At around 8:00pm on a cool August night, my ecotour group departed our Sukau-area rainforest lodge for a nighttime safari on the Kinabatangan River. This particular body of water is about 350 miles long and has incredibly diverse ecosystems – from limestone forests to freshwater swamps – making it the perfect place to admire wildlife.
Led by tour guide and honorary wildlife warden Minchu and his team, we took to the water in small boats to discover the magic of the lively animal kingdom after dark. Born and raised as one of the ‘river people’ in Borneo, Minchu knew all about the species that call this river home. Armed with a bright spotlight in his hand (and a Canon DSLR camera with an external flash in mine), we navigated the darkness in hopes of getting closer to wildlife.
After cruising for a just few minutes, we discovered a sleeping blue eared kingfisher on a nearby branch. While during the daytime we couldn’t even get within twenty feet of these colorful birds, nighttime made it possible to maneuver our boats to just beneath the tree.
And then we found a striking stork-billed kingfisher…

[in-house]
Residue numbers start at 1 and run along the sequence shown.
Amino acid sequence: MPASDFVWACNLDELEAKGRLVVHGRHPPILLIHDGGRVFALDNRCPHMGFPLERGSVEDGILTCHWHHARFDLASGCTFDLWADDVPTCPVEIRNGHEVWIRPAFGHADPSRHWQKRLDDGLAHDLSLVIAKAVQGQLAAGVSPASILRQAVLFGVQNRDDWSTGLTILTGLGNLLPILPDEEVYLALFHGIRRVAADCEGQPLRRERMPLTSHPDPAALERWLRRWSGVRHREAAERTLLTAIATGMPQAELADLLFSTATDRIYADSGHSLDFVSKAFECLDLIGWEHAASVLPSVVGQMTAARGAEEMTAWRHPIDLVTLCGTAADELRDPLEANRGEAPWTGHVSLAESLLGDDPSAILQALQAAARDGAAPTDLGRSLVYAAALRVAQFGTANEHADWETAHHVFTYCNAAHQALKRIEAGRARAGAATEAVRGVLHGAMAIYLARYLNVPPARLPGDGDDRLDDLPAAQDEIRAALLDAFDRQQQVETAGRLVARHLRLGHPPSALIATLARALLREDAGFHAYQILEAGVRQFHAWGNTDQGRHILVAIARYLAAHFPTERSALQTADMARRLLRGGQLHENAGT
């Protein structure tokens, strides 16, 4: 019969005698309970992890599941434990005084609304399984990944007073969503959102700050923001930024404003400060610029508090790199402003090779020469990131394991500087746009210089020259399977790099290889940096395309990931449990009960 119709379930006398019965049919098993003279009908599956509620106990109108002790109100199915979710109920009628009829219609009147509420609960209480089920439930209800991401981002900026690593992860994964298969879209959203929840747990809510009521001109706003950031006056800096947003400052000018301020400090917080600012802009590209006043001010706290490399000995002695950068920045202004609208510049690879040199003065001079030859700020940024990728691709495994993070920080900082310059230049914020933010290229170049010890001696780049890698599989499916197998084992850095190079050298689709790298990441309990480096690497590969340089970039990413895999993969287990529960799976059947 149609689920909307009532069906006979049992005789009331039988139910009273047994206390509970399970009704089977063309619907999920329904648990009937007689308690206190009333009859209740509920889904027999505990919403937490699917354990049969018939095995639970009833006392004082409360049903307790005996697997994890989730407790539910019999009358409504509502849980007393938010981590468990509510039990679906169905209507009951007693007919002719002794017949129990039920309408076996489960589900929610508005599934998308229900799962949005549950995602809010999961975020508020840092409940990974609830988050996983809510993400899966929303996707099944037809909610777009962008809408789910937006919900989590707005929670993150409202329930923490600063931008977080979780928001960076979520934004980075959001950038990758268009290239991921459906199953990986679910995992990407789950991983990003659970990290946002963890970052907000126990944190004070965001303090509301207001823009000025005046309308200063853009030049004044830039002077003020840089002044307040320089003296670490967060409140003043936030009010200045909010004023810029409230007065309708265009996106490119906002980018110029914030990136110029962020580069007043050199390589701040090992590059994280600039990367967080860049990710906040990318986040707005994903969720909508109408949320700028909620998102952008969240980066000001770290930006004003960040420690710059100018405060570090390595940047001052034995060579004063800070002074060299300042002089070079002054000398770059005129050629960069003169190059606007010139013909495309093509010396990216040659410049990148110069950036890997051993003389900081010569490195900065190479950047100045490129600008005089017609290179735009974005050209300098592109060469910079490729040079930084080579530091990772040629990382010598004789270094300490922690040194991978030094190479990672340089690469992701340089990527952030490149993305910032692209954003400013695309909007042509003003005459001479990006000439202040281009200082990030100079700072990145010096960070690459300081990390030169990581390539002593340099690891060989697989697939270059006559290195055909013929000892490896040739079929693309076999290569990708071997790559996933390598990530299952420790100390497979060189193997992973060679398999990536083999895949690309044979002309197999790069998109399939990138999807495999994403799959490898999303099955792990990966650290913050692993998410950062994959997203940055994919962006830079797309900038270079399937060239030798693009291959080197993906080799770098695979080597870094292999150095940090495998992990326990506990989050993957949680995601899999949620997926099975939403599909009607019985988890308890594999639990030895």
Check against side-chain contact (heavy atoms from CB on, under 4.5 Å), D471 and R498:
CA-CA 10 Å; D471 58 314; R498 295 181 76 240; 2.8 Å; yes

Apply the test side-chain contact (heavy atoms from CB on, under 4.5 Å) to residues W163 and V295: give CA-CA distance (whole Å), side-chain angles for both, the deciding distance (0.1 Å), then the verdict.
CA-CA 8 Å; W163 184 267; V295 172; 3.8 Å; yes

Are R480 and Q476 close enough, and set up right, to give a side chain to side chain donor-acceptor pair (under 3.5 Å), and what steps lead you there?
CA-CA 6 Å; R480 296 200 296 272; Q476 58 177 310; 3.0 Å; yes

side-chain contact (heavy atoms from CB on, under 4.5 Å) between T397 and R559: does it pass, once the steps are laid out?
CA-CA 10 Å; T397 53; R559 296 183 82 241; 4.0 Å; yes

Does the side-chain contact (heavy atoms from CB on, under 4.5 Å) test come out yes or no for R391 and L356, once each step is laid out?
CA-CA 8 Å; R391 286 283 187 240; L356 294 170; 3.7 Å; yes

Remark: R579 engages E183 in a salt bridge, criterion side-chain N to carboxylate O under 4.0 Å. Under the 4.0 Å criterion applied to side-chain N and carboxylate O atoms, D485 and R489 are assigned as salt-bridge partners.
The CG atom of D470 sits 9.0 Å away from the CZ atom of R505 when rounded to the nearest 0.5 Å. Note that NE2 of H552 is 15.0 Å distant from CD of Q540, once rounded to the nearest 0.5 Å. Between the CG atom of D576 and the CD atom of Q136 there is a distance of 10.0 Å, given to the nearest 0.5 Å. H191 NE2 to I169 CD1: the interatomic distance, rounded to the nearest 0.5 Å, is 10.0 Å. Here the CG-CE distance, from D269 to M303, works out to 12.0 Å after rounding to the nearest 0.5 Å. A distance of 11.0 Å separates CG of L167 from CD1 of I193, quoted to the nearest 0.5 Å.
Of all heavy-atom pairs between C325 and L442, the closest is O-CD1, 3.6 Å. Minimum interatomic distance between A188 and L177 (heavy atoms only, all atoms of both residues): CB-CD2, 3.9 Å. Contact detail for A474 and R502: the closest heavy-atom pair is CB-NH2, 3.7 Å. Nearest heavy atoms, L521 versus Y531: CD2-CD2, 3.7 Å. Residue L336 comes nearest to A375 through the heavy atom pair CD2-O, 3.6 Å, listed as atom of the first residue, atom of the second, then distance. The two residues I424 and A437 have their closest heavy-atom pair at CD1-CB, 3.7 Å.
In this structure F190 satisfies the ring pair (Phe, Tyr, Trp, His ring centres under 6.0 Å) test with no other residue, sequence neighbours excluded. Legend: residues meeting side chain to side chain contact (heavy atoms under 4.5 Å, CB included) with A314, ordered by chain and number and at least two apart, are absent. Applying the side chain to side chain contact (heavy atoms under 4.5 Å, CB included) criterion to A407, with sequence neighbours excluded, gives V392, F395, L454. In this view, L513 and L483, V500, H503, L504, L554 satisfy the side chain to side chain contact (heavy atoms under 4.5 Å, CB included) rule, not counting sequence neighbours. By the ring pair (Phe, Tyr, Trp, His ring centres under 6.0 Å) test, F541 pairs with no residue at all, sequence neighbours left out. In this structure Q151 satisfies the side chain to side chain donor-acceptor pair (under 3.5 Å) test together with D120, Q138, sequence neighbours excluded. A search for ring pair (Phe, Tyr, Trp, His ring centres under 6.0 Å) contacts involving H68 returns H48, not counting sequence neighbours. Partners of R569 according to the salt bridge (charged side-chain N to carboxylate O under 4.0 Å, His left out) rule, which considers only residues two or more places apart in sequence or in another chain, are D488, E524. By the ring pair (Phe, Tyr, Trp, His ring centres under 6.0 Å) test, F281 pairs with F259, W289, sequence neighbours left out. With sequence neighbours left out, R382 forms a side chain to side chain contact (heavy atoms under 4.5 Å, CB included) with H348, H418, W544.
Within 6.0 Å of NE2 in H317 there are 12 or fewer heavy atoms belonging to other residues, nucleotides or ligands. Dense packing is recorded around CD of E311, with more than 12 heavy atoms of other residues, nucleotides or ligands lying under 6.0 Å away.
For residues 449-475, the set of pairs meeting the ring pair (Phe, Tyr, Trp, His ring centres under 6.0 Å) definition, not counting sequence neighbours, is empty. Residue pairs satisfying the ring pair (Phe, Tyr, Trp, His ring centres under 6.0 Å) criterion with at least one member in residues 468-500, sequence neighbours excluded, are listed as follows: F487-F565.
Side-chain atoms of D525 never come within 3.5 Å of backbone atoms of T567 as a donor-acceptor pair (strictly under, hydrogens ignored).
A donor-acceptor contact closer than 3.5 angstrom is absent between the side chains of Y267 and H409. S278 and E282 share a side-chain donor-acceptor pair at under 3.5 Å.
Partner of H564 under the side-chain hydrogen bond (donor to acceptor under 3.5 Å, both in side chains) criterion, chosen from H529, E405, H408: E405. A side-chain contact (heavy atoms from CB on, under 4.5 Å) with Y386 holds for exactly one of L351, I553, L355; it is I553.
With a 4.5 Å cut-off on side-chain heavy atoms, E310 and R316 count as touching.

… and a pied fantailed flycatcher sitting on her nest.
Then just downriver, we spotted a trio of black and red broadbills, snuggled up feather-to-feather… the river at night was a bird-watcher’s paradise! (View more bird photos at the Backyard Birding site).
We had to be quiet and keep a safe distance from the sleeping birds… Any sudden sound could break them from slumber and send them flying into the dark sky. And if that happens, Minchu warned us, these birds may not be able to land again because of their poor night vision and could even perish from exhaustion before sunrise.
So we navigated back into the center of the river, and Mincho flicked the beam of the spotlight across the banks, where he caught a glimpse of a squirming animal high up in a tree – so we cruised closer to check it out and came across this fruit-eating bat enjoying a feast.
… and then this resting, tree-dwelling mangrove snake.
And just downriver a little bit more, high up in on a tree branch, was a perched Oriental pied hornbill.
During our two-hour nighttime safari along the river, we also tracked saltwater crocodiles, spotted an elusive flat-headed cat prowling along the bank, discovered a white-crested water hen and listened to the rustlings of proboscis monkey harems in the trees.